On March 25, 2007 at 0845 central daylight time a single-engine Robinson R22 Beta helicopter, N845WT, was substantially damaged following a loss of power during while maneuvering near Laredo, Texas. The commercial pilot, sole occupant of the helicopter, was not injured. The helicopter was owned and operated by Smith Helicopters, Inc., of Cotulla, Texas. Visual meteorological conditions prevailed and no flight plan was filed for the 14 Code of Federal Regulations Part 91 cattle herding flight. The flight originated from another site within the same ranch at time unknown. Use your browsers 'back' function to return to synopsisReturn to Query Page
The 602-hours commercial helicopter pilot, who reported having accumulated 597-hours in the same make and model helicopter, reported that he was in herding cattle over as small creek at approximately 60 to 75 feet above the ground, when he experienced a loss of engine power. The pilot added that he tried to regain the lost power, but was unable. The pilot entered an autorotation to the rough and uneven terrain. The helicopter touched down on sloping terrain and the helicopter rolled over. The helicopter came to rest on its left side amidst brushes in the sloping terrain. There was no fire.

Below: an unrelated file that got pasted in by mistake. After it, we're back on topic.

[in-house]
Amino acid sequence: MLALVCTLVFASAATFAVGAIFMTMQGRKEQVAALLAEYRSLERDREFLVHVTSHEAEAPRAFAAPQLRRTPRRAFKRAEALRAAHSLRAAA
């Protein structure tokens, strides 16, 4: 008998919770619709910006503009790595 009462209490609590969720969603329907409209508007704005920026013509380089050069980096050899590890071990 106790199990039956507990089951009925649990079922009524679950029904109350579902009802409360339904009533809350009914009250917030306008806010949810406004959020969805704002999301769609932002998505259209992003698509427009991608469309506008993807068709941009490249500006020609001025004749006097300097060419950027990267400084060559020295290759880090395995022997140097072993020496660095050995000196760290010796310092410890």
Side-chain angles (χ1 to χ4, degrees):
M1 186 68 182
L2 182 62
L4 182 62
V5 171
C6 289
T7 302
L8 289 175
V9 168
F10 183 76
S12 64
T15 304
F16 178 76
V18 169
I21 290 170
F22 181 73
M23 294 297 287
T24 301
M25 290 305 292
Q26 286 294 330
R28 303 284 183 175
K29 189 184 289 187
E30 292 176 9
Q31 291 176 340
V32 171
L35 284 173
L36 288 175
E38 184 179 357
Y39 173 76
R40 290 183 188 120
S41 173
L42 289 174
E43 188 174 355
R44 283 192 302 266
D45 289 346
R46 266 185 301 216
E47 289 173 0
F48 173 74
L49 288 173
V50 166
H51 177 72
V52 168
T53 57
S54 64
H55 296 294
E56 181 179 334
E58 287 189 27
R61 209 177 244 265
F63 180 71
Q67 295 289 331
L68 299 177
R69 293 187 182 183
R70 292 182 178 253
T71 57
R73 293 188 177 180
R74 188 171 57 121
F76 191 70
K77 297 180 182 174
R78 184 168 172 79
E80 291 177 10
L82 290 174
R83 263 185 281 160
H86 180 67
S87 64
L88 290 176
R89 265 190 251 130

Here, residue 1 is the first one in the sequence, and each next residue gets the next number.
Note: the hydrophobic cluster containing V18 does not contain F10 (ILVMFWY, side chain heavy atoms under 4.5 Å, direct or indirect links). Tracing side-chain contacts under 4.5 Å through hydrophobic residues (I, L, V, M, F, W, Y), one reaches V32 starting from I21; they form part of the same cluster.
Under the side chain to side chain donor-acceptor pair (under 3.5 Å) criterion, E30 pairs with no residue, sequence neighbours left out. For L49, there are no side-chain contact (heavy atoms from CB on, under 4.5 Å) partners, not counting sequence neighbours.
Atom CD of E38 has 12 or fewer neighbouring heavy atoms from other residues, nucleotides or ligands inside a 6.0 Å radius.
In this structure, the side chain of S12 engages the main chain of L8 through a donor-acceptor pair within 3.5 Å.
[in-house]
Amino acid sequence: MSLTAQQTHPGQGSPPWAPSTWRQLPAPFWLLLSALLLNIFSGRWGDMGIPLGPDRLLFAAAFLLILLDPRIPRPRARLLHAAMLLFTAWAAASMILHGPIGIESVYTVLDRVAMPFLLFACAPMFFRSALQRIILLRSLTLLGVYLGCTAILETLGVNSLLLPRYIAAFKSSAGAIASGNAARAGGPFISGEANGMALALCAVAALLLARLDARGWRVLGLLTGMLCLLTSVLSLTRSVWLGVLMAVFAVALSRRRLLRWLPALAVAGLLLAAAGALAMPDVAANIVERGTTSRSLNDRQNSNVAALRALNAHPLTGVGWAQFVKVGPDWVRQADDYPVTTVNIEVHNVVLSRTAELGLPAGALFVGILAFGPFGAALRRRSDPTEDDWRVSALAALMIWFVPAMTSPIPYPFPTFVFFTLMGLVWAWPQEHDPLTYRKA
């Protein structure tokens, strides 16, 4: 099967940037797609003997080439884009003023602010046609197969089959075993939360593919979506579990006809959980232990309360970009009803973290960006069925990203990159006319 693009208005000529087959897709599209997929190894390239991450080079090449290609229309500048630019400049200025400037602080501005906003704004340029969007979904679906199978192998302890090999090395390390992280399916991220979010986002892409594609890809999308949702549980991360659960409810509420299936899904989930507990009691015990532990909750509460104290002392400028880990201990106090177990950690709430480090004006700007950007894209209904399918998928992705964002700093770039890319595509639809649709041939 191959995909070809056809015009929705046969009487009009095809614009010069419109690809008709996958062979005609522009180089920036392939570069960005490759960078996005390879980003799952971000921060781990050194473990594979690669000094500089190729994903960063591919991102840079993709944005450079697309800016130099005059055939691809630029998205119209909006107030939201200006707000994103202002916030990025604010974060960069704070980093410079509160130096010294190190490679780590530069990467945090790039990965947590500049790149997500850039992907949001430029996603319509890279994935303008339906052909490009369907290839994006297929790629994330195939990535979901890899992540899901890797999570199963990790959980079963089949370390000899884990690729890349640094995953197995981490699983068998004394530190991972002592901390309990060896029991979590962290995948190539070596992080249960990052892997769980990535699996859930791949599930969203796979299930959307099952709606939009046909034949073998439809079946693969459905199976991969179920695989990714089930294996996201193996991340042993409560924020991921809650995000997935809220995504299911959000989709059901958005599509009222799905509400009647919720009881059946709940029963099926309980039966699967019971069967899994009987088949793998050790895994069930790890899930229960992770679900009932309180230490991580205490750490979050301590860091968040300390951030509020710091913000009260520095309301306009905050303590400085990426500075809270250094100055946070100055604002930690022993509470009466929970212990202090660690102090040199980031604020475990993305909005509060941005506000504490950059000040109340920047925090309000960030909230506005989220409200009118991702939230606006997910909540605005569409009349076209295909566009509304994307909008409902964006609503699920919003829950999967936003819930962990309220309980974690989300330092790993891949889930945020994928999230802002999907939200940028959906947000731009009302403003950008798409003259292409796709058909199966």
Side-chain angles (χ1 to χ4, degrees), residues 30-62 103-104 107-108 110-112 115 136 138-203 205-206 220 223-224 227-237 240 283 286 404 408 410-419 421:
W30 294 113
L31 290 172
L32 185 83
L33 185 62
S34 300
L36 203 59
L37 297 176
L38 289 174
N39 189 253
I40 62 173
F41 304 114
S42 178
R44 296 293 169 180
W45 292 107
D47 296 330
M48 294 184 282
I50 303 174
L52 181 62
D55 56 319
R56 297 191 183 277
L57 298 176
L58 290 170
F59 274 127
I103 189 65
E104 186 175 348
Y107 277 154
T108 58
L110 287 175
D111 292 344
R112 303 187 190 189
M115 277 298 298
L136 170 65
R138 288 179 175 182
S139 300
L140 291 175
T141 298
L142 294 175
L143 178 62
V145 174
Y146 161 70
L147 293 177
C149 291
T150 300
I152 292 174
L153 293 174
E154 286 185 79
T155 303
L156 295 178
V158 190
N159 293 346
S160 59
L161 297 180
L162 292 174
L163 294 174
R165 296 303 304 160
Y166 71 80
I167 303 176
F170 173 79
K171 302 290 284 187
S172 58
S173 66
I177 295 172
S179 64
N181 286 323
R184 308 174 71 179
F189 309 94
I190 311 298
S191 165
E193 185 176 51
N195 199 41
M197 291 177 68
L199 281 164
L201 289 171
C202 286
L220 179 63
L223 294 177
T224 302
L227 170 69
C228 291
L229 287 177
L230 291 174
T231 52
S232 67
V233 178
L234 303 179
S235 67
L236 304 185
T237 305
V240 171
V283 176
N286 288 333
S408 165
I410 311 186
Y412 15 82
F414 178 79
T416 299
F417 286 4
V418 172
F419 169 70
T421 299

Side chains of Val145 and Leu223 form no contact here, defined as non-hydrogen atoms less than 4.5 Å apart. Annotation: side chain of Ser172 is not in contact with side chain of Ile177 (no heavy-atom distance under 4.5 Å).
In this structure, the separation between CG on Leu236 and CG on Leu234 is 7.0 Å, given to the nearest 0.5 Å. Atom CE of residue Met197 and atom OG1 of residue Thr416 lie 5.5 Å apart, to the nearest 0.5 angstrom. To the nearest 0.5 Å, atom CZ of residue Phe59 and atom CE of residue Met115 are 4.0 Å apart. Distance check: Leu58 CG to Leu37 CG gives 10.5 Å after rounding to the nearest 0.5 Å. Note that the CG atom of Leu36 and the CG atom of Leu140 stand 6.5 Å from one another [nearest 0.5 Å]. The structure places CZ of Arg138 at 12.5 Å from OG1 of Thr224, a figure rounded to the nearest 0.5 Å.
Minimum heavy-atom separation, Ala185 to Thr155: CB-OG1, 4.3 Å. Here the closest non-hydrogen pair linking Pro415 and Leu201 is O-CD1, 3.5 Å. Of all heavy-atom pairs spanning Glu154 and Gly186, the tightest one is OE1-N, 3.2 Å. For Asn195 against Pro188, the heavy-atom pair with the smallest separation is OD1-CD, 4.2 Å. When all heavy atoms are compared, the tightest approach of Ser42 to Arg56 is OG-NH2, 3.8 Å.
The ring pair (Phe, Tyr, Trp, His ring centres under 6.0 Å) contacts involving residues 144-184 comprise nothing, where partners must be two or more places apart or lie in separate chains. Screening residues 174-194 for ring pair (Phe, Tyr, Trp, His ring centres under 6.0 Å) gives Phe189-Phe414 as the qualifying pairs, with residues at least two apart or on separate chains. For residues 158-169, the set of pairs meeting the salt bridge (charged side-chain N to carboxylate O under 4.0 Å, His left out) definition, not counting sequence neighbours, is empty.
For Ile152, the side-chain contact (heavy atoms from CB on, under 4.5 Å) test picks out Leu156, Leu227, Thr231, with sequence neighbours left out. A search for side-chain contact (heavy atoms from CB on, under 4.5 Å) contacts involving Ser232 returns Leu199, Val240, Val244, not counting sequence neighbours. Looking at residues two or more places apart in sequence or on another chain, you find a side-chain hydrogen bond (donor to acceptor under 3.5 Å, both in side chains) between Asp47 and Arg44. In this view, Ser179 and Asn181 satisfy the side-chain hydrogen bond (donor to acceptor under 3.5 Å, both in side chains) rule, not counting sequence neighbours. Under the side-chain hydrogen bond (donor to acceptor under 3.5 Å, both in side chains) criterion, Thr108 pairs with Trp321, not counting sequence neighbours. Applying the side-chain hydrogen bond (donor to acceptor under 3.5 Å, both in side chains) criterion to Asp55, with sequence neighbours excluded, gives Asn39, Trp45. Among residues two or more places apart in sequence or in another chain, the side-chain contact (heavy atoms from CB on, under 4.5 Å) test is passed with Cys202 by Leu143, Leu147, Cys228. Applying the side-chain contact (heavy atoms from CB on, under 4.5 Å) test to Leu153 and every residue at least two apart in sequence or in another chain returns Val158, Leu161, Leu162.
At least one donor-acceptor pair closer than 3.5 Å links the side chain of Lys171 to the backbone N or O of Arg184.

The helicopter had about 12 to 15 gallons of 100 LL aviation fuel on board prior to the start of the cattle herding mission.
The helicopter sustained structural damage the airframe and tailboom. Additionally both main rotor blades were destroyed. The landing skids, tail rotor blades and the bubble were also damaged.
An FAA inspector examined the wreckage of the helicopter after it was recovered to the operator's maintenance facility. The 2000 model helicopter was reported to have accumulated a total of 1,479.1 hours as of the time of its last 100-hour inspection on January 29, 2007. The pilot reported that he suspected that the loss of engine power was the result of a loss of fuel pressure. The fuel pump was found to be functional when tested on the helicopter. No anomalies were found with the engine that could have prevented normal engine operation. The reason for the reported loss of engine power could not be determined.
At 0838, a weather reporting station at Laredo International Airport (LRD), near Laredo Texas, located 14 miles west from the accident site, was reporting wind from 135 degrees at 7 knots, 8 miles visibility, temperature 71 degrees Fahrenheit, dew point 66 degrees Fahrenheit, and a barometric pressure setting of 30.09 inches of Mercury. The investigator-in-charge calculated the density altitude at 1,302 feet at the time of the mishap.